But even the resurrection of Jesus was received as an idle tale by those who knew him personally.
“Why are you looking for the Living One in a cemetery? He is not here, but raised up. Remember how he told you when you were still back in Galilee that he had to be handed over to sinners, be killed on a cross, and in three days rise up?” Then they remembered Jesus’ words. They left the tomb and broke the news of all this to the Eleven and the rest. Mary Magdalene, Joanna, Mary the mother of James, and the other women with them kept telling these things to the apostles, but the apostles didn’t believe a word of it, thought they were making it all up. But Peter jumped to his feet and ran to the tomb. He stooped to look in and saw a few grave clothes, that’s all. He walked away puzzled, shaking his head. (Luke 24:8–12, MSG)
This is our ninth move in twenty-five years of marriage, each one divinely appointed. Many shook their heads in disbelief but hindsight makes them believers. Faith doesn’t require the assurance of numbers on a paycheck or amounts of square footage. And knowing that doesn’t mean I’m superhuman without emotion.
My need for certainty often silences faith. Instead of trusting in the process, I begin creating scenarios based on the limits of my experience. I visit What-if-ville often. Taking surveys, collecting opinions, making mental flow charts of potential outcomes and it all leads to the same place — acute vulnerability and fearfulness. My need for certainty sabotages the inner voice pulling me to slow down on the porch. I mistake who I am for what I do and suddenly, I am a punctured wheel of anxiety rotating on a bent rim of self-doubt.
I know my axis is wobbly when writing becomes about acquiring “likes” or followers on social media platforms instead of passion pouring out. Perspective tilts when parenting my children becomes about maintaining peace at all costs instead of investing in relationships. When gifts chosen for others are about convenience instead of well thought out. When moving slants toward possessions and money instead of influence for purpose and the fulfillment of calling. When I choose more on my plate instead of stillness and quiet with my Maker. That is why I’m here with the birds on my back porch.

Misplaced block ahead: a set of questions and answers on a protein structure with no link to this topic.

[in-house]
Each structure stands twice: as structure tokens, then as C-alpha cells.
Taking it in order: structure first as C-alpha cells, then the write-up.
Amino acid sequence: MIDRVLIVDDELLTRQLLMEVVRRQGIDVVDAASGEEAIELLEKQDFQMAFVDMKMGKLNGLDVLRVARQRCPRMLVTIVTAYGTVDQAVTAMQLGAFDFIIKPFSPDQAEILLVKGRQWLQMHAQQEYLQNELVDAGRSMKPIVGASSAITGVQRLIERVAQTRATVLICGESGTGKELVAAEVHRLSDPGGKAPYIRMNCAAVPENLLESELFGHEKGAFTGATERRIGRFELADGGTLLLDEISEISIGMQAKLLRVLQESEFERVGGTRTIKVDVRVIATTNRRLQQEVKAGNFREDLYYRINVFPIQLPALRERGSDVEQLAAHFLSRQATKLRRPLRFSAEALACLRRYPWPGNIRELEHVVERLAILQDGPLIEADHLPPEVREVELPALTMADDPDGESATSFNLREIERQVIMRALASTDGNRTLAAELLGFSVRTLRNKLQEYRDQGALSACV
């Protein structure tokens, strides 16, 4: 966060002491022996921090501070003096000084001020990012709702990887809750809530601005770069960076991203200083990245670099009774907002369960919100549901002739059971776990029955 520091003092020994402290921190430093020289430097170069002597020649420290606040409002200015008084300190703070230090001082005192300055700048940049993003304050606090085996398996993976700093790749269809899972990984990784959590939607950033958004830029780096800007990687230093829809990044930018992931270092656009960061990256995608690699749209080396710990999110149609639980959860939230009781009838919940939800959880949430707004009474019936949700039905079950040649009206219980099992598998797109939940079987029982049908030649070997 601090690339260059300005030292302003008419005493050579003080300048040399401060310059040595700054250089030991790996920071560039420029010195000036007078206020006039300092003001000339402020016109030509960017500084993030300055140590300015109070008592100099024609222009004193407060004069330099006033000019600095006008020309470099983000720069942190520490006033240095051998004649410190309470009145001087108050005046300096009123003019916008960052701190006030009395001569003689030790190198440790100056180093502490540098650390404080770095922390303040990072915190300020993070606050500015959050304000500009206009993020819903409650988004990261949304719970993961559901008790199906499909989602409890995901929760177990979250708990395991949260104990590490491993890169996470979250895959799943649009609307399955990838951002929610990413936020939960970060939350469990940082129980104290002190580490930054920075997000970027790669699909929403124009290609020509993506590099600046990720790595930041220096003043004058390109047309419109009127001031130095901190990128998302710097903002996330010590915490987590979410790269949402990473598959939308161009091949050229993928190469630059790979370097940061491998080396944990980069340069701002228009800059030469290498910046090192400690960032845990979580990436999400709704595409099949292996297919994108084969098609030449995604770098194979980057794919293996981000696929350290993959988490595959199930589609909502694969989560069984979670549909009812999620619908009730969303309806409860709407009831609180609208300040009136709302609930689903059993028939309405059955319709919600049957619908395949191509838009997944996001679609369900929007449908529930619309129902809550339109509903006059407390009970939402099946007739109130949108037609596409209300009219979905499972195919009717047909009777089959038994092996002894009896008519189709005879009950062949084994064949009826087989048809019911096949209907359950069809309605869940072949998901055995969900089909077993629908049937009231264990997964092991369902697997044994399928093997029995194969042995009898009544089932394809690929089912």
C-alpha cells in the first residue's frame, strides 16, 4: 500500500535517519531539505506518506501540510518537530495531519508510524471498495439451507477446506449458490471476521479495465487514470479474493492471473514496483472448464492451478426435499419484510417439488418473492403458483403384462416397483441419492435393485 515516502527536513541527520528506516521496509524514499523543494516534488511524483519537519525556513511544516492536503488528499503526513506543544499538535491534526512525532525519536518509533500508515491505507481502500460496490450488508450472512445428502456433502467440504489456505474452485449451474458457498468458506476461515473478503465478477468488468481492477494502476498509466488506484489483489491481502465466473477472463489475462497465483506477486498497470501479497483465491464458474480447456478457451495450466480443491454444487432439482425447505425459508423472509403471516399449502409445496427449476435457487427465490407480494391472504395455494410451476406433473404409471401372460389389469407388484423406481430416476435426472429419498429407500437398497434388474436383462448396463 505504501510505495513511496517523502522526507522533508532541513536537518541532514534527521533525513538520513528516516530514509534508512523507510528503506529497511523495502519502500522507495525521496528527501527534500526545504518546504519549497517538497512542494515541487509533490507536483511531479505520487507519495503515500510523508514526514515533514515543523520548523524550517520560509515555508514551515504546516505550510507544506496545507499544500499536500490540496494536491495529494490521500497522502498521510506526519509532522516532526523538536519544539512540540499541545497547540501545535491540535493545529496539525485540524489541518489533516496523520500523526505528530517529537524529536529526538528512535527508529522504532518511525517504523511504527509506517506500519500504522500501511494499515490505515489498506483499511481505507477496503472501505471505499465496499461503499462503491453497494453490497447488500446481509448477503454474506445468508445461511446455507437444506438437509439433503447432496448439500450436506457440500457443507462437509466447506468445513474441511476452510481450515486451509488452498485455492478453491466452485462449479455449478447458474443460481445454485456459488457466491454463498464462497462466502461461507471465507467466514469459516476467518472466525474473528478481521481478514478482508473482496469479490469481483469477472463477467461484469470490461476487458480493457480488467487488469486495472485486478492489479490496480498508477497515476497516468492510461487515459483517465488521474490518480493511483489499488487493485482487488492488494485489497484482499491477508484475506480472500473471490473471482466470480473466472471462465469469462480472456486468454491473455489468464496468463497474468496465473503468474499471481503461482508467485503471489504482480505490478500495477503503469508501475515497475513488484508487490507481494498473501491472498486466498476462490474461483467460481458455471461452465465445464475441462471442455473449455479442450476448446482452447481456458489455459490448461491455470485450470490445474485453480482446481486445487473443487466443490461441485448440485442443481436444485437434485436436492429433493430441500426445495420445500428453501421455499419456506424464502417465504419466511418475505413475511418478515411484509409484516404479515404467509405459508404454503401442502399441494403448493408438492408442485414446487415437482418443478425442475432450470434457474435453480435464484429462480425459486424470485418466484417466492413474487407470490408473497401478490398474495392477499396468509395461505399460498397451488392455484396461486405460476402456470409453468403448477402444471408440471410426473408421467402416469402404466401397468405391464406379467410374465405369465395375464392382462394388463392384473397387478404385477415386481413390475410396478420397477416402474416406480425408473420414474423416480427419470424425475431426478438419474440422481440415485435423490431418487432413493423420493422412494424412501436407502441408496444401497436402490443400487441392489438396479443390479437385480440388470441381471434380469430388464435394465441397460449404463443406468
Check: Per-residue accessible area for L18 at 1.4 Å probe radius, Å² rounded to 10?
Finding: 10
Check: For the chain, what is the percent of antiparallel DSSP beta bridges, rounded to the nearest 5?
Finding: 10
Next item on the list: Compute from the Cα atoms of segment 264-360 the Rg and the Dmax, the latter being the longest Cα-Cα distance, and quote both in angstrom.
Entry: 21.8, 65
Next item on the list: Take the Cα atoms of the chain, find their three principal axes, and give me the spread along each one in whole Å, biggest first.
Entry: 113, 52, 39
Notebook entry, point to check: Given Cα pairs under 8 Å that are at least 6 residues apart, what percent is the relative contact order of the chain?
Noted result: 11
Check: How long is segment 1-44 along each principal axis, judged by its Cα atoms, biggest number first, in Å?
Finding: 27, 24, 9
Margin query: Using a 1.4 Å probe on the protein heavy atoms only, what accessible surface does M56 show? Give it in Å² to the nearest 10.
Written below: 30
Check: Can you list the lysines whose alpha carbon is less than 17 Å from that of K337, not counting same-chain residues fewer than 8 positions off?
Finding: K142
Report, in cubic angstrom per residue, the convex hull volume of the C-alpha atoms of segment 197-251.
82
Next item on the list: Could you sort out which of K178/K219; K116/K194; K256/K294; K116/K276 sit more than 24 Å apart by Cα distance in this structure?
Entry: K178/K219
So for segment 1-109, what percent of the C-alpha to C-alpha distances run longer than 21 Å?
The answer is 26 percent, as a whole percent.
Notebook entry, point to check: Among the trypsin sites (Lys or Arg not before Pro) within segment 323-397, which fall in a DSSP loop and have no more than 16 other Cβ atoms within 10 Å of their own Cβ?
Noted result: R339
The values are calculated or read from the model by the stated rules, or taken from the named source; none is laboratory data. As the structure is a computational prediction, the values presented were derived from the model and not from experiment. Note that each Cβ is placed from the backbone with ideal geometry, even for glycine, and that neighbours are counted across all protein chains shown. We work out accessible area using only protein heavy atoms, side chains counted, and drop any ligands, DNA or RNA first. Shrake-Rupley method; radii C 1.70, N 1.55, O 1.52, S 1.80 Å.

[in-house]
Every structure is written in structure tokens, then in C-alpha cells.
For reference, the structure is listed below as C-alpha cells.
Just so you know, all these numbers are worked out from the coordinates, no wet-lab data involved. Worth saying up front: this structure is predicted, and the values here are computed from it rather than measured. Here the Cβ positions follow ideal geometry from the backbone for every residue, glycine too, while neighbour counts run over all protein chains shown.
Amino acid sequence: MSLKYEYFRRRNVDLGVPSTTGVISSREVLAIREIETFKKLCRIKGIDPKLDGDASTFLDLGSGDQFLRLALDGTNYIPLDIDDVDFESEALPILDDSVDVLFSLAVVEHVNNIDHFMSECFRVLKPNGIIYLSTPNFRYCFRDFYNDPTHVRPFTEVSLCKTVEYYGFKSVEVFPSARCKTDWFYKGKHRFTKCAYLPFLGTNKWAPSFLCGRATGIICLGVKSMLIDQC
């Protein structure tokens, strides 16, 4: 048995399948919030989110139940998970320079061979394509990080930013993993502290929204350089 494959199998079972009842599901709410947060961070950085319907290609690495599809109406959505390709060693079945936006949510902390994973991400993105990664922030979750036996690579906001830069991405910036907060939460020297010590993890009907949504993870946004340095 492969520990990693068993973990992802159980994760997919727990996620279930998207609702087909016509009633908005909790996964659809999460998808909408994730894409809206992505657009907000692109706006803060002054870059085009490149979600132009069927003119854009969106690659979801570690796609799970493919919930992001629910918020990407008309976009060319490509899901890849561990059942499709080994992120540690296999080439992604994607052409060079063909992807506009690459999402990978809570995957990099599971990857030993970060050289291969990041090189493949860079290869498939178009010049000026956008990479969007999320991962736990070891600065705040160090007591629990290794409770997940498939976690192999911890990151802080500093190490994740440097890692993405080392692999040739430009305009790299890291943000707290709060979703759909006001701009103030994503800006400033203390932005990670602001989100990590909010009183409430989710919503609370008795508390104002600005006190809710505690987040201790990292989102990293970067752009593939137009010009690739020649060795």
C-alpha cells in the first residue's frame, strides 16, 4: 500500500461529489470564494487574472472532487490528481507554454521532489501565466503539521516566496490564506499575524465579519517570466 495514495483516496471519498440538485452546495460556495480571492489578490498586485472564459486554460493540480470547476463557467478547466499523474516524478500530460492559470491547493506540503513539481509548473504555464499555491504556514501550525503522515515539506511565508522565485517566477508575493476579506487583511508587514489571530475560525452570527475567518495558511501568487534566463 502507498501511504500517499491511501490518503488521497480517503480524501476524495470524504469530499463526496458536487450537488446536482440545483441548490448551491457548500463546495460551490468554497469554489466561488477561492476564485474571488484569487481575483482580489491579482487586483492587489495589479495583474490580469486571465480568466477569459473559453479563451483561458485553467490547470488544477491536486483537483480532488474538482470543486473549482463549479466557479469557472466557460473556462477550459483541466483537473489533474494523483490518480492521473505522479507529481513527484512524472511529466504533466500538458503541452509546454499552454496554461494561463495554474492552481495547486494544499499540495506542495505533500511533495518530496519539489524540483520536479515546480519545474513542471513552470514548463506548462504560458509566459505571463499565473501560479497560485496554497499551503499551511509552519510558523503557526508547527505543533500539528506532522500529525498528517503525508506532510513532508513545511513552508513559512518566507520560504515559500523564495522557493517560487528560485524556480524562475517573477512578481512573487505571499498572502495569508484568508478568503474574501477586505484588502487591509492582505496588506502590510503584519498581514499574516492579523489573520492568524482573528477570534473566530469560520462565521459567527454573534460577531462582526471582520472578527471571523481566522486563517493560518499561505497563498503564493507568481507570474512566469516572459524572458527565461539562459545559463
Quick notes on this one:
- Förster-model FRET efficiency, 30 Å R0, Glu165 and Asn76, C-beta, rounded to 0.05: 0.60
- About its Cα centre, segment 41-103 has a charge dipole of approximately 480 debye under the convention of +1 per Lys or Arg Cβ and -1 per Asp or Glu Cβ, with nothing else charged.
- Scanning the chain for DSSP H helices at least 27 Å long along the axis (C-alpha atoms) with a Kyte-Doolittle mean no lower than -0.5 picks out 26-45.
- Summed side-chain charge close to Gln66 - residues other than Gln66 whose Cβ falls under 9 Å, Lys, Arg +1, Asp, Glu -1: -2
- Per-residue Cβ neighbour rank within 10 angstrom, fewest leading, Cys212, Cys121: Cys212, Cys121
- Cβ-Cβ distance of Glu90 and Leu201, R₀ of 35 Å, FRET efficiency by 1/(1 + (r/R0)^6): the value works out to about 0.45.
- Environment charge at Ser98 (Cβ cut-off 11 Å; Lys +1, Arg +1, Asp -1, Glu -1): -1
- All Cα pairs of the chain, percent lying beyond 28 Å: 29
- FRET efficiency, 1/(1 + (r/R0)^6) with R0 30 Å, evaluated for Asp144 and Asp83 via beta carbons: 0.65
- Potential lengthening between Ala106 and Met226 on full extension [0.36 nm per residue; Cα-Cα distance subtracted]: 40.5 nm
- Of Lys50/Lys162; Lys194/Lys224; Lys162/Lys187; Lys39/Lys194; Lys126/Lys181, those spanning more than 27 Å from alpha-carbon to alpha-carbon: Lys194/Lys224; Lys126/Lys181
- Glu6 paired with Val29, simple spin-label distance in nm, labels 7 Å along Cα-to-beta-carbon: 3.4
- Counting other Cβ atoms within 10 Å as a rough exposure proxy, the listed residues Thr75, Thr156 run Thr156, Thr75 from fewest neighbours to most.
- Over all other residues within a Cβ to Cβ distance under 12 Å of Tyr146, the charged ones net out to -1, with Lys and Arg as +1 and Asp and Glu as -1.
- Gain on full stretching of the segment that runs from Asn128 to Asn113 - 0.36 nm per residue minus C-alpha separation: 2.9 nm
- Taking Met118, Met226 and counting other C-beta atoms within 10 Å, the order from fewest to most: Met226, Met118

* * *
Later that afternoon, on the way home from running errands, I stop and pick up senior class gifts for my daughter and four of her closest friends. As I stand at the counter next to my mother-in-law, waiting for curly ribbon to be tied around the handles on each of five gift bags, I am captivated by a piece of artwork propped up behind the cash register.
“I love that piece of art,” I casually comment, breaking into a random conversation between sales clerks.
A rectangular canvas of textures and muted colors — steely blues and neutrals — form an antique birdcage with silhouettes of birds perched inside and out.
Overhearing my random comment, the shop owner stops what she is doing and brings the rendering closer for inspection. She points out the letters and numbers stamped in the lower right corner — PS4610. I didn’t notice them at first glance. Turning the canvas around, she reveals the handwritten message and the signature of the artist on the back between naked pieces of wood framing.
Be still and know that I am God! I will be honored by every nation. I will be honored throughout the world.”
A masterpiece in a gift shop becomes the sacred echo to the message of morning whitespace. Sabbath is the string pulling the pages of life together into one big, beautiful story of adventure in the book of life. Creative wonder winks from the Artist who is our axis in times of uncertainty. Don’t miss the still small voice among the noise of busyness or the anxiety of uncertainty. It may sound a lot like bird chatter.
Shelly Miller rests on the beach in Pawleys Island, South Carolina, with her husband of 24 years, two teenagers, and a trusty camera. In conjunction with her blog, Redemptions Beauty, she started the Sabbath Society in January of 2013, because she wants to live into the restful perspective cultivated on vacation all 52 weeks of the year. When not resting, find her chatting on Facebook and Twitter.